The Daily Item, Sunbury, PA

Letters

May 16, 2013

A signifcant milestone

It doesn't smell any different and it doesn't feel any different but we have changed the atmosphere. It has not been like this for about 3 million years. No humans have ever breathed air like this and we should be very worried about its implications.

Carbon dioxide (CO2) levels in the atmosphere have just passed the symbolic but significant milestone of 400 parts per million (ppm). A few hundred years ago, at the dawn of the industrial age, the CO2 concentration was only 280ppm but it has increased exponentially since then as a direct result of our burning of fossil fuels. When the concentration of this greenhouse gas was last at the current high, the arctic was completely ice free and the sea level was 120 feet higher. Average polar temperatures were more than 14 degrees Farenheit higher and overall, the world was 5 to 6 degrees warmer than today. These conditions are expected to return with incalculable costs unless we act soon.

As a result of industrialization, global temperatures are now rising 75 times faster than in prehistoric times and have increased by almost 2 degrees in recent history. While the world's governments supposedly agreed to limit the increase to approximately 3 degrees, little has been done to limit the emission of causative greenhouse gasses. While it is good to have some CO2 in the atmosphere, its natural ability to retain heat like a greenhouse stops the Earth from freezing, we now have too much of a good thing.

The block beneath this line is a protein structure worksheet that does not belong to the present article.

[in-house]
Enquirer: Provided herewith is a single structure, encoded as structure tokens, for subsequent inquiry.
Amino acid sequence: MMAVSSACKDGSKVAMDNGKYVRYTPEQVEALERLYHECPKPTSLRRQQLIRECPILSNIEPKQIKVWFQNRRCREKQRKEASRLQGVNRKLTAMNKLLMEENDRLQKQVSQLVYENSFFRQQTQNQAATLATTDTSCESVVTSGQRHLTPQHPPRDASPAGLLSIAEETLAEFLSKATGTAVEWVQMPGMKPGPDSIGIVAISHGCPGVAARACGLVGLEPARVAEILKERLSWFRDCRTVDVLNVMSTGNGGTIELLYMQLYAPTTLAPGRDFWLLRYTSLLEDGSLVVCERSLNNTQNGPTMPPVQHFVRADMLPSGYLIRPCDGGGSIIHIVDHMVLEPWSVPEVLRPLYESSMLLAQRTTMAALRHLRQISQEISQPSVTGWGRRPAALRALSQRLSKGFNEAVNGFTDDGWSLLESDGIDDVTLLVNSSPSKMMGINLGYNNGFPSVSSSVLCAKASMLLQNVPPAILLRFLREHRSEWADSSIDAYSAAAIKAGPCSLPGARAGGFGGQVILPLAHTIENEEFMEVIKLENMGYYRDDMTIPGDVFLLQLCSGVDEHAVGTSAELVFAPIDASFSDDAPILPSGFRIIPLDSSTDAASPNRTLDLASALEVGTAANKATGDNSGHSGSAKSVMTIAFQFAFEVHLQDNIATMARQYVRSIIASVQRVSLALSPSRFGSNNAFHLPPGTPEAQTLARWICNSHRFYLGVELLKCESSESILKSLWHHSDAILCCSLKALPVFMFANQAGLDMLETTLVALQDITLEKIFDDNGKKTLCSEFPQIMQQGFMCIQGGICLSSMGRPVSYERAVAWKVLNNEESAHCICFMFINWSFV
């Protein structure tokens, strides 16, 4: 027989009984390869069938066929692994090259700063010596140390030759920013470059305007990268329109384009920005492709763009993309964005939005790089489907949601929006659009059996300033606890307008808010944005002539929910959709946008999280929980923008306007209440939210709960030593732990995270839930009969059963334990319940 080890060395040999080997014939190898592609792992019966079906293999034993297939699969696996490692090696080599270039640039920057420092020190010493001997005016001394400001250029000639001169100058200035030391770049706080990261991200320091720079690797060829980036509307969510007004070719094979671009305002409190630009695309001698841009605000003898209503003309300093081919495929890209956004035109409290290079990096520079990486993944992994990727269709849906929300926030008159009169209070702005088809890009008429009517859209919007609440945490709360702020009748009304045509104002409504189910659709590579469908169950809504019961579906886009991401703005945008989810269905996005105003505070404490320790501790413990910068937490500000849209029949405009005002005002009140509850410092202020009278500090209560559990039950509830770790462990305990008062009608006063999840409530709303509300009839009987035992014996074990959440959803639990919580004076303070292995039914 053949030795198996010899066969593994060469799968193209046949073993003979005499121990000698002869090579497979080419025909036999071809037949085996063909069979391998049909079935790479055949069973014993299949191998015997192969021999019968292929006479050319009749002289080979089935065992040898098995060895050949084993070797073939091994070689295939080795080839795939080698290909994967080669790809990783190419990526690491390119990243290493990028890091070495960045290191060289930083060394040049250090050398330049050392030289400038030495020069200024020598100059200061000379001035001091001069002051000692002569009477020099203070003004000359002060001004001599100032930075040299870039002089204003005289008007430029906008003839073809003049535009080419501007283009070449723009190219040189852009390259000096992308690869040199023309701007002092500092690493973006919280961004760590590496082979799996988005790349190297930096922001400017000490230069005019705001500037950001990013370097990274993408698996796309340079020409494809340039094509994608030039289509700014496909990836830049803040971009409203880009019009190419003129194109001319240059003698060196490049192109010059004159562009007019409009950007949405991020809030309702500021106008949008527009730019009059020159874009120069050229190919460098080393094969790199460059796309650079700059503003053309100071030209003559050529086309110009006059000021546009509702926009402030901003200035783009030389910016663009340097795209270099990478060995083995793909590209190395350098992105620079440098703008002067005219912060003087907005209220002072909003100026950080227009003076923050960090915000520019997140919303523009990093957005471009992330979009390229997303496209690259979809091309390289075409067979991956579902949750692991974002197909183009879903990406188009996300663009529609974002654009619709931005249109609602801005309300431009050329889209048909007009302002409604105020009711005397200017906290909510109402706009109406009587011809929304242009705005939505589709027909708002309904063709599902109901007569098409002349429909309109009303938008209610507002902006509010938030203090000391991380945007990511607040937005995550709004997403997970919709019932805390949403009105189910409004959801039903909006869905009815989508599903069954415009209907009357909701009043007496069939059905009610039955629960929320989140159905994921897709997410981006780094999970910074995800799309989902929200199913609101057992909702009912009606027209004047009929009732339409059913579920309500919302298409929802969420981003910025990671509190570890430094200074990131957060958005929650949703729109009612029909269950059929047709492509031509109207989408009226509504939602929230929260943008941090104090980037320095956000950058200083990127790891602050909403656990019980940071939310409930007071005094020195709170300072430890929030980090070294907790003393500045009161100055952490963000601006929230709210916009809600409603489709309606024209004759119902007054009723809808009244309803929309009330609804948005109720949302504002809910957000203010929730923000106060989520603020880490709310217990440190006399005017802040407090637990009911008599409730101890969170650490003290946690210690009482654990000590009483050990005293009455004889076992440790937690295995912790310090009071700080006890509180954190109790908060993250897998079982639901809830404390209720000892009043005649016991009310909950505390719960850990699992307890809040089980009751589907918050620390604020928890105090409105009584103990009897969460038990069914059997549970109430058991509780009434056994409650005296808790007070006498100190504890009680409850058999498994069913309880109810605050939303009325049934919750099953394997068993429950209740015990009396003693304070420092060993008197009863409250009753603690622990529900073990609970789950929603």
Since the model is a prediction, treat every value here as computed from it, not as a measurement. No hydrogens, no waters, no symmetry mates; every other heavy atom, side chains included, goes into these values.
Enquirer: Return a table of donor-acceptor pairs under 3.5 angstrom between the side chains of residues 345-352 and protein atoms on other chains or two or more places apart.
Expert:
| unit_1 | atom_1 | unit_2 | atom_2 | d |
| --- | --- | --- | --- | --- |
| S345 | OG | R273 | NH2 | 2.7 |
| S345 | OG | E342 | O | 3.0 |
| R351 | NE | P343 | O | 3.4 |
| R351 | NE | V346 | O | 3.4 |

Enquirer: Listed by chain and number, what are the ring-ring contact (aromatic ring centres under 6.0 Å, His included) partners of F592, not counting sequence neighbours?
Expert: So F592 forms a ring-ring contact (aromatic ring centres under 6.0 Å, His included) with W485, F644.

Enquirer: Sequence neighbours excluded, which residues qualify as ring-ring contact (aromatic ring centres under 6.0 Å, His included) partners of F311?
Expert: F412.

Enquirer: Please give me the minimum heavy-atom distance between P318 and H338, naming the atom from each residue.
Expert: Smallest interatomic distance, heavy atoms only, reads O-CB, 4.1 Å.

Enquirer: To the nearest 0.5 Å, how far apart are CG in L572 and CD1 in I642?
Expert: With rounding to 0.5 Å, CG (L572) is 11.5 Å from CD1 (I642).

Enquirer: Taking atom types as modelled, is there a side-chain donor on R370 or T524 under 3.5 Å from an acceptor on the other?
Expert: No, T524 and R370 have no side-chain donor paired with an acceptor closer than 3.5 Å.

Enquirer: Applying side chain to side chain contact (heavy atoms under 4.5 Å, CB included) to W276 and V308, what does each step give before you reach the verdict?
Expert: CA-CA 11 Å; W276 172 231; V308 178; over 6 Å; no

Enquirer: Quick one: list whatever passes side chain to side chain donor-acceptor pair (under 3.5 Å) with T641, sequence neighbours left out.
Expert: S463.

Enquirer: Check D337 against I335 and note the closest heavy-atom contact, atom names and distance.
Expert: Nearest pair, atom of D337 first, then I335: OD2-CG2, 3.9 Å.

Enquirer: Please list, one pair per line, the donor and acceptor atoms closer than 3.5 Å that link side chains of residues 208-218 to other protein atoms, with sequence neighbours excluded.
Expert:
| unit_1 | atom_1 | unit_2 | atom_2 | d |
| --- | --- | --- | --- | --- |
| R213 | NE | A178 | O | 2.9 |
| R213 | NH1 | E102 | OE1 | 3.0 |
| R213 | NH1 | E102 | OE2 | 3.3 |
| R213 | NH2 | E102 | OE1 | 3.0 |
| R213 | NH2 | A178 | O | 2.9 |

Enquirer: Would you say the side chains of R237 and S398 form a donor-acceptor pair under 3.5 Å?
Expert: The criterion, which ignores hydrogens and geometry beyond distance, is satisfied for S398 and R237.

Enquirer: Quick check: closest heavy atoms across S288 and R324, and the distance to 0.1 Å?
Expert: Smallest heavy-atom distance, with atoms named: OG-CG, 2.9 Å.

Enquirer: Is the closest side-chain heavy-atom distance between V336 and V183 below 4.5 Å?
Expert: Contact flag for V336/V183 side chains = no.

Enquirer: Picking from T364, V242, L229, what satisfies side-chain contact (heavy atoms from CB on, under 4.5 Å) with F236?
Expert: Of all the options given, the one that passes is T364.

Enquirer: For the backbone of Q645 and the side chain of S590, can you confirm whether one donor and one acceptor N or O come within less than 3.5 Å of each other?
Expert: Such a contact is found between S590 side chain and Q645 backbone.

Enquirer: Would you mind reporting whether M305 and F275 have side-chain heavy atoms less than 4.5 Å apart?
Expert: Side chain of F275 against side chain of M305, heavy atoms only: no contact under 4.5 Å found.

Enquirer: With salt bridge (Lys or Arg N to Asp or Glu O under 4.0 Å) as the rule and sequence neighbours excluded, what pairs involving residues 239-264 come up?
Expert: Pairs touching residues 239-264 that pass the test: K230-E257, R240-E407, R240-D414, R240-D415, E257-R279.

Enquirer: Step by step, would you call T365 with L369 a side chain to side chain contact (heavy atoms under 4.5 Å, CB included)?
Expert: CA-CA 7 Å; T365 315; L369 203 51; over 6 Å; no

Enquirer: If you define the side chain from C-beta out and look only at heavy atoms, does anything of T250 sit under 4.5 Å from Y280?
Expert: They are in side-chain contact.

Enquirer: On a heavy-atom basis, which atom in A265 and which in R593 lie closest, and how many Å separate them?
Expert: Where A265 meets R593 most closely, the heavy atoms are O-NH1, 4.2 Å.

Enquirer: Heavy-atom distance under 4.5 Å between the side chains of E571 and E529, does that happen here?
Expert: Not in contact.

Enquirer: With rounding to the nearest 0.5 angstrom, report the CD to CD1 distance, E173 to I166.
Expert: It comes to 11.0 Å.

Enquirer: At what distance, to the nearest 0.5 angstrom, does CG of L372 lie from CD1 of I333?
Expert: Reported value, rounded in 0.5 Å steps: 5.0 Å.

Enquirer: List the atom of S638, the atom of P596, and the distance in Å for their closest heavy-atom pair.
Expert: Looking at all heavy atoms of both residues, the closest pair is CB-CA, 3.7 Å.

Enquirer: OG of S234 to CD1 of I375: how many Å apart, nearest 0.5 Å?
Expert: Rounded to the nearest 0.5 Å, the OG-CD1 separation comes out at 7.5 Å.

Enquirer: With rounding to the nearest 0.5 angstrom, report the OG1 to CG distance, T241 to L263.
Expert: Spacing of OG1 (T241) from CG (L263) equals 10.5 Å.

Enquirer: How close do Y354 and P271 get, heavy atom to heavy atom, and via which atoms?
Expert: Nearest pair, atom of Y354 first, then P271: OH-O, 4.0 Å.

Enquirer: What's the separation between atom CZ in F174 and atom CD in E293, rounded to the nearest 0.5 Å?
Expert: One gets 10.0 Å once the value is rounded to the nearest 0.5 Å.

If we fail to limit future greenhouse gas emissions, the Earth is predicted to pass through a series of tipping points, temperatures at which runaway global warming will occur. Once the summer ice in the Arctic melts completely, all that solar heat energy will be absorbed by the oceans instead of being reflected back into space. As atmospheric temperatures reach a critical point, frozen tundra circling the Arctic will melt releasing immense quantities of methane, another greenhouse gas that traps 20 times more heat than CO2 thus leading to even greater warming.

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